Provenance research establishes a record of ownership of works of art by providing an accurate account of the location of a work of art from the time and place of its creation to the present. Compiling a credible provenance for an object requires careful scrutiny of confusing or inaccurate information as well as researching objects for which there is little or no data, even false claims to provenance. Information must be verified using archival material, museum and gallery records, auction and sales information, websites reporting lost or stolen art, and other research resources.
This guide was developed to facilitate provenance research for art objects from the ancient Mediterranean world but it also includes resources for provenance research for art from all periods. While the guide is not comprehensive, chosen web sites sponsored by museums, universities, national and international governmental entities provide links to additional resources for cultural heritage and provenance research. Consult the research guides to Classical Art and Archaeology and Art History for other journal databases and resources not specifically related to provenance research.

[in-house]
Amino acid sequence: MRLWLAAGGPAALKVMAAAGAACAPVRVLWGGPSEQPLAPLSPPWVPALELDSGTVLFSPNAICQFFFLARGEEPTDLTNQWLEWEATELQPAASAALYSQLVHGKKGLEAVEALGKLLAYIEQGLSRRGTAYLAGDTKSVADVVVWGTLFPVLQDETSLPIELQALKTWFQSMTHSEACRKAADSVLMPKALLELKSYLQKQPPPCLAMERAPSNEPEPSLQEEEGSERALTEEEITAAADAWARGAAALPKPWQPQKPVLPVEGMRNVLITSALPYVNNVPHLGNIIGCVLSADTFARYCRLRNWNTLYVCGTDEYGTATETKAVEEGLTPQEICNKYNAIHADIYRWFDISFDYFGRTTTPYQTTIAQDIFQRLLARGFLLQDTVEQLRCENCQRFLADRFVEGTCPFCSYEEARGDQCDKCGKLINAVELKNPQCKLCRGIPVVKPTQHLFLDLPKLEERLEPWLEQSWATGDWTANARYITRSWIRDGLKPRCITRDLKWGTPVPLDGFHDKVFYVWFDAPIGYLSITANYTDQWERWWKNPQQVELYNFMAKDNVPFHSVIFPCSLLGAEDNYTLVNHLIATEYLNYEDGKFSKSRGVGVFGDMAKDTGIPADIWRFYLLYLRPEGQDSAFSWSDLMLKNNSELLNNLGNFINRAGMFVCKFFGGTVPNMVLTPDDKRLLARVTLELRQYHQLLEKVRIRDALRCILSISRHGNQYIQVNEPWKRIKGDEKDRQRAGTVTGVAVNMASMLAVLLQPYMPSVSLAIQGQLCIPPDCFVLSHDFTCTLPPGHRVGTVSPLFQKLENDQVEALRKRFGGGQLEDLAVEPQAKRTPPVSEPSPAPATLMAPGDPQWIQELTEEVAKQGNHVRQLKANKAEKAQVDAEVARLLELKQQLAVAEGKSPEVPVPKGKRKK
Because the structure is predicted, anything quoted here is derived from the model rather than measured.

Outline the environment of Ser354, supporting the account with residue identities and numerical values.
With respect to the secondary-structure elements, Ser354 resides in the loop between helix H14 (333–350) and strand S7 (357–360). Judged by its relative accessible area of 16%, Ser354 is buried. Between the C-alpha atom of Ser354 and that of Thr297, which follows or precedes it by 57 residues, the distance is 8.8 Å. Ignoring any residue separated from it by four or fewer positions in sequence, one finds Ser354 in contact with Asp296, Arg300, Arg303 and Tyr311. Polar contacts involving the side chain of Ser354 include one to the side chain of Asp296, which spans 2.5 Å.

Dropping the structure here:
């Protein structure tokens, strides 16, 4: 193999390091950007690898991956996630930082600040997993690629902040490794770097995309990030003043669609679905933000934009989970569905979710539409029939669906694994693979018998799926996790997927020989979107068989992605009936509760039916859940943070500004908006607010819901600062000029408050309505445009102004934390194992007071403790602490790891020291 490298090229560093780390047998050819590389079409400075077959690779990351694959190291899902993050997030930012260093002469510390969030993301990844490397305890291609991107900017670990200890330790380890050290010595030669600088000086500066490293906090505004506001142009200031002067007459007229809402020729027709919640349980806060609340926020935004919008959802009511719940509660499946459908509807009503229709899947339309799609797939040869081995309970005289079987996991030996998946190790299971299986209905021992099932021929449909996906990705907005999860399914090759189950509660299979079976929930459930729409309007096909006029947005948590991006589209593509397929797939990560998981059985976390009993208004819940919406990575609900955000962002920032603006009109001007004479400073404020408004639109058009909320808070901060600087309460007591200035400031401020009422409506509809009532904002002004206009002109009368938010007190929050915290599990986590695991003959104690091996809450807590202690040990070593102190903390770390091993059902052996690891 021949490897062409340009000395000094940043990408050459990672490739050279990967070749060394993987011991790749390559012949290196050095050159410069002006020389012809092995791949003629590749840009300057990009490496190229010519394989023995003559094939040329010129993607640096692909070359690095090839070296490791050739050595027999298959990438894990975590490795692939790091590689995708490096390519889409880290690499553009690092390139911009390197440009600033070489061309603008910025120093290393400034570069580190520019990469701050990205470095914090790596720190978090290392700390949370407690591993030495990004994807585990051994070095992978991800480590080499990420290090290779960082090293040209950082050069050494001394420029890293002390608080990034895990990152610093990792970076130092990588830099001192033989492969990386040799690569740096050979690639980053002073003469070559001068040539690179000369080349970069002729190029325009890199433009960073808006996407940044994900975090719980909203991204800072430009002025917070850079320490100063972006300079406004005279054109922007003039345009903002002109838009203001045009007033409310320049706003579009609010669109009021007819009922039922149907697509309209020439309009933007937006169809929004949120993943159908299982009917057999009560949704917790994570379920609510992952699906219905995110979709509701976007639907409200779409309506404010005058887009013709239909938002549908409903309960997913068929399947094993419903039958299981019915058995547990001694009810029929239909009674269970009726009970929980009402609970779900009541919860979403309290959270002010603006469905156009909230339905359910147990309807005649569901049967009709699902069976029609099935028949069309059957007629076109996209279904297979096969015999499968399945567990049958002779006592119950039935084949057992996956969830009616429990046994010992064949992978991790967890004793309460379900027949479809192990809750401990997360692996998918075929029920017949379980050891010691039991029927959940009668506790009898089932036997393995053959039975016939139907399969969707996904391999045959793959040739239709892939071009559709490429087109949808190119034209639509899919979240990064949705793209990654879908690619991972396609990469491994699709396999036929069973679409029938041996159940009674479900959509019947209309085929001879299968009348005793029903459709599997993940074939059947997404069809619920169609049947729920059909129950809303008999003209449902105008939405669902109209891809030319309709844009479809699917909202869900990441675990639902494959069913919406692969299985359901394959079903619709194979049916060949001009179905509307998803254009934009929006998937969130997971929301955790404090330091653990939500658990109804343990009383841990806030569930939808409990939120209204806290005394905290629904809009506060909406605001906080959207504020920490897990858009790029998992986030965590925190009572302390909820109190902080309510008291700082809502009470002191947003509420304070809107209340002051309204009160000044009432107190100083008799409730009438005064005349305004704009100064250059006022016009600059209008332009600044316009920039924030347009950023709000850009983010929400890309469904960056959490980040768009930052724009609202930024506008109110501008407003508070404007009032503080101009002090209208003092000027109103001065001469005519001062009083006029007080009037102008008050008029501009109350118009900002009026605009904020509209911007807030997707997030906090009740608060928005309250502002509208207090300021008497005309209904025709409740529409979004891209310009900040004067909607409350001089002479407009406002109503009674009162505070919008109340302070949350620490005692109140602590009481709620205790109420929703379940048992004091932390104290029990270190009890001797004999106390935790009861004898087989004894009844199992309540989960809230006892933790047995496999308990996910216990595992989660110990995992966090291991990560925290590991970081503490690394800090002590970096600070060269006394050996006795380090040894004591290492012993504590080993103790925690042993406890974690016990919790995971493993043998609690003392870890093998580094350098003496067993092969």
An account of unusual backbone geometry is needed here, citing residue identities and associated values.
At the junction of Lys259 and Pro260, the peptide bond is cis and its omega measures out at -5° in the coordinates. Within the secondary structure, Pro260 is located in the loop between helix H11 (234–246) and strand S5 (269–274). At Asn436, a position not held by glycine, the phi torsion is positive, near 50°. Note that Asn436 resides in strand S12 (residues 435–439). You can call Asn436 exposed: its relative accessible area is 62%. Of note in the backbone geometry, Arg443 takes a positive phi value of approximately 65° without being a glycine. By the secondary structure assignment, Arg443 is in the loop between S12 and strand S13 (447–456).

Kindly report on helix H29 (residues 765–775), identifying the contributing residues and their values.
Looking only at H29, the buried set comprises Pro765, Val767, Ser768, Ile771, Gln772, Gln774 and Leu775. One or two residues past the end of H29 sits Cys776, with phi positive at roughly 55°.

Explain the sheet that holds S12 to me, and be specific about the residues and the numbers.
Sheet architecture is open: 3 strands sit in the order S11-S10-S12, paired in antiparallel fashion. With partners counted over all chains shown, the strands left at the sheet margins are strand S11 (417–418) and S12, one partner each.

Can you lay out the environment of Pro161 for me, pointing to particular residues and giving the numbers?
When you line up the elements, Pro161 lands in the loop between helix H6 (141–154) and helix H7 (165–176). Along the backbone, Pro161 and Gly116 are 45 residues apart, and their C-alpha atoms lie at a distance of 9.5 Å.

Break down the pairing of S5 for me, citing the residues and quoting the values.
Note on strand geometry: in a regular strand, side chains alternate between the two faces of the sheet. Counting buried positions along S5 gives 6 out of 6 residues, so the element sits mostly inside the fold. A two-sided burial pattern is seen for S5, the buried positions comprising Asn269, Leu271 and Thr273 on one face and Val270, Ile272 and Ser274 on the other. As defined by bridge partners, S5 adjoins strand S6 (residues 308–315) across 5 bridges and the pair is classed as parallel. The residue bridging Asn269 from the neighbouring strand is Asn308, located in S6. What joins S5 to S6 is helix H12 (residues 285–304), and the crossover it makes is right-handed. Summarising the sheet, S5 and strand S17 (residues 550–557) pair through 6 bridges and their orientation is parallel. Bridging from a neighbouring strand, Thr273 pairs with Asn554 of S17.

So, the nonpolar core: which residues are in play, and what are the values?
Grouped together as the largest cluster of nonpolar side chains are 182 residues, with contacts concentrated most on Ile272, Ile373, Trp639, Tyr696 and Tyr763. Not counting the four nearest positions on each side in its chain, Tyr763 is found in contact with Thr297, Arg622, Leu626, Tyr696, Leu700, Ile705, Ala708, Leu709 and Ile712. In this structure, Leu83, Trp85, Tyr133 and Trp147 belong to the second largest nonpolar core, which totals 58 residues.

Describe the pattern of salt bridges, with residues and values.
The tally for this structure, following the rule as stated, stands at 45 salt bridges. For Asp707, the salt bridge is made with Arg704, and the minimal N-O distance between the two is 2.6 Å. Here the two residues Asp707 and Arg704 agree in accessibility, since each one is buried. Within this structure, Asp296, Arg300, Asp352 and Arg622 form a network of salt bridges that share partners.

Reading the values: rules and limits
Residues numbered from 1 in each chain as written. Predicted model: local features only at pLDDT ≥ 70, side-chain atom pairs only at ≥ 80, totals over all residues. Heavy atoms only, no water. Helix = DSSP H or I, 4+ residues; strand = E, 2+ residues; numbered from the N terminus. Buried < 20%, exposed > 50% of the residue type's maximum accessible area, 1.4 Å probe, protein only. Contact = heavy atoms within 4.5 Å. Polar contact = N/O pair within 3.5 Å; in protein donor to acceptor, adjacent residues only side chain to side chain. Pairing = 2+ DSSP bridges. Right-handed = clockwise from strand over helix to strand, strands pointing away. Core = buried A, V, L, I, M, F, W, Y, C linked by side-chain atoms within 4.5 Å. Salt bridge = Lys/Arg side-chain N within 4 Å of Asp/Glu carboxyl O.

Student assistants Bryce Deskins and Katherine Borden contributed to the content and formatting of the guide.
Yeide, Nancy H. The AAM Guide to Provenance Research. Washington D.C.; American Association of Museums, 2001
Art N3999 .Y45 2001
This is a book, available at Fondren Library, that details how to go about studying provenance. It also provides comprehensive appendices relating to collectors, dealers, and other helpful information.